series =	{Leibniz International Proceedings in Informatics (LIPIcs)},
  ISBN =	{978-3-939897-77-4},
  ISSN =	{1868-8969},
  year =	{2014},
  volume =	{29},
  editor =	{Raman, Venkatesh and Suresh, S. P.},
  publisher =	{Schloss Dagstuhl -- Leibniz-Zentrum f{\"u}r Informatik},
  address =	{Dagstuhl, Germany},
  URL =		{https://drops.dagstuhl.de/entities/document/10.4230/LIPIcs.FSTTCS.2014.73},
  URN =		{urn:nbn:de:0030-drops-48340},
  doi =		{10.4230/LIPIcs.FSTTCS.2014.73},
  annote =	{Keywords: Parameterized complexity, FPT-algorithms, completely independent spanning trees}
}
Document
Tree Deletion Set Has a Polynomial Kernel (but no OPT^O(1) Approximation)

Authors: Archontia C. Giannopoulou, Daniel Lokshtanov, Saket Saurabh, and Ondrej Suchy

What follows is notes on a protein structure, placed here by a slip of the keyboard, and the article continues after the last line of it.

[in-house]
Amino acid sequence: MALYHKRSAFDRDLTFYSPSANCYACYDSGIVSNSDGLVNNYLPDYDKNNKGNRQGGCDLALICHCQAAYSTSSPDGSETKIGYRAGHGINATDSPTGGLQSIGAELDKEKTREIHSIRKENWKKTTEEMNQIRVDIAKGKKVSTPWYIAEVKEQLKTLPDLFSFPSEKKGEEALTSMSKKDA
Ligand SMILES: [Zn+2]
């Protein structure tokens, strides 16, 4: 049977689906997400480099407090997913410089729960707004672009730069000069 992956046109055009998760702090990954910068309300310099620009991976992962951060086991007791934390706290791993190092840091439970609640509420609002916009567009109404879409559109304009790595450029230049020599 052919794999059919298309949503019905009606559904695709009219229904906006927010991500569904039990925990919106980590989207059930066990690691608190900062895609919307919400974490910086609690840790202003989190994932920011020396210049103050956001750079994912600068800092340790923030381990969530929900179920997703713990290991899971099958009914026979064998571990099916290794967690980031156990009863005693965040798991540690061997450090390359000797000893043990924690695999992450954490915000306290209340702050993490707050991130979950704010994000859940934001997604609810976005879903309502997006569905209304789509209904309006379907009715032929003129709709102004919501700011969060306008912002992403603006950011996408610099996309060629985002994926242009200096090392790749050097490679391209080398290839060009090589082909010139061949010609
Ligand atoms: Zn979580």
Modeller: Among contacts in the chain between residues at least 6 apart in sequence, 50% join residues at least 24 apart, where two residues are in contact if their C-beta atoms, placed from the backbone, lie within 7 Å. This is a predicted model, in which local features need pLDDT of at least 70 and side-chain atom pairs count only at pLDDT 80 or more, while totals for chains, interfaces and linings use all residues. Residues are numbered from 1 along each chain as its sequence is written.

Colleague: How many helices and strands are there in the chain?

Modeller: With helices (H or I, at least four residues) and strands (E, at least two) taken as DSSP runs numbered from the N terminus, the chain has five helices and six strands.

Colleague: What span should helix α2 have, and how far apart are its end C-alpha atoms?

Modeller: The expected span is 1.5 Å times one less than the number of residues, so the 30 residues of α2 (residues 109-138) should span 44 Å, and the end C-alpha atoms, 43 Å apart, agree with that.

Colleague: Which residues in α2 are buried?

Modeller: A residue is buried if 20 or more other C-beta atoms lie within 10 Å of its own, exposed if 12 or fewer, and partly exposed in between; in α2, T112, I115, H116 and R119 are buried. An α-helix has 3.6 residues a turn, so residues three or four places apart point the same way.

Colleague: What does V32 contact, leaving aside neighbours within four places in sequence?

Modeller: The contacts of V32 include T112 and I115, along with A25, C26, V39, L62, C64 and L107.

Published in: LIPIcs, Volume 29, 34th International Conference on Foundation of Software Technology and Theoretical Computer Science (FSTTCS 2014)


Abstract
In the Tree Deletion Set problem the input is a graph G together with an integer k. The objective is to determine whether there exists a set S of at most k vertices such that G \ S is a tree. The problem is NP-complete and even NP-hard to approximate within any factor of OPT^c for any constant c. In this paper we give an O(k^5) size kernel for the Tree Deletion Set problem. An appealing feature of our kernelization algorithm is a new reduction rule, based on system of linear equations, that we use to handle the instances on which Tree Deletion Set is hard to approximate.

Cite as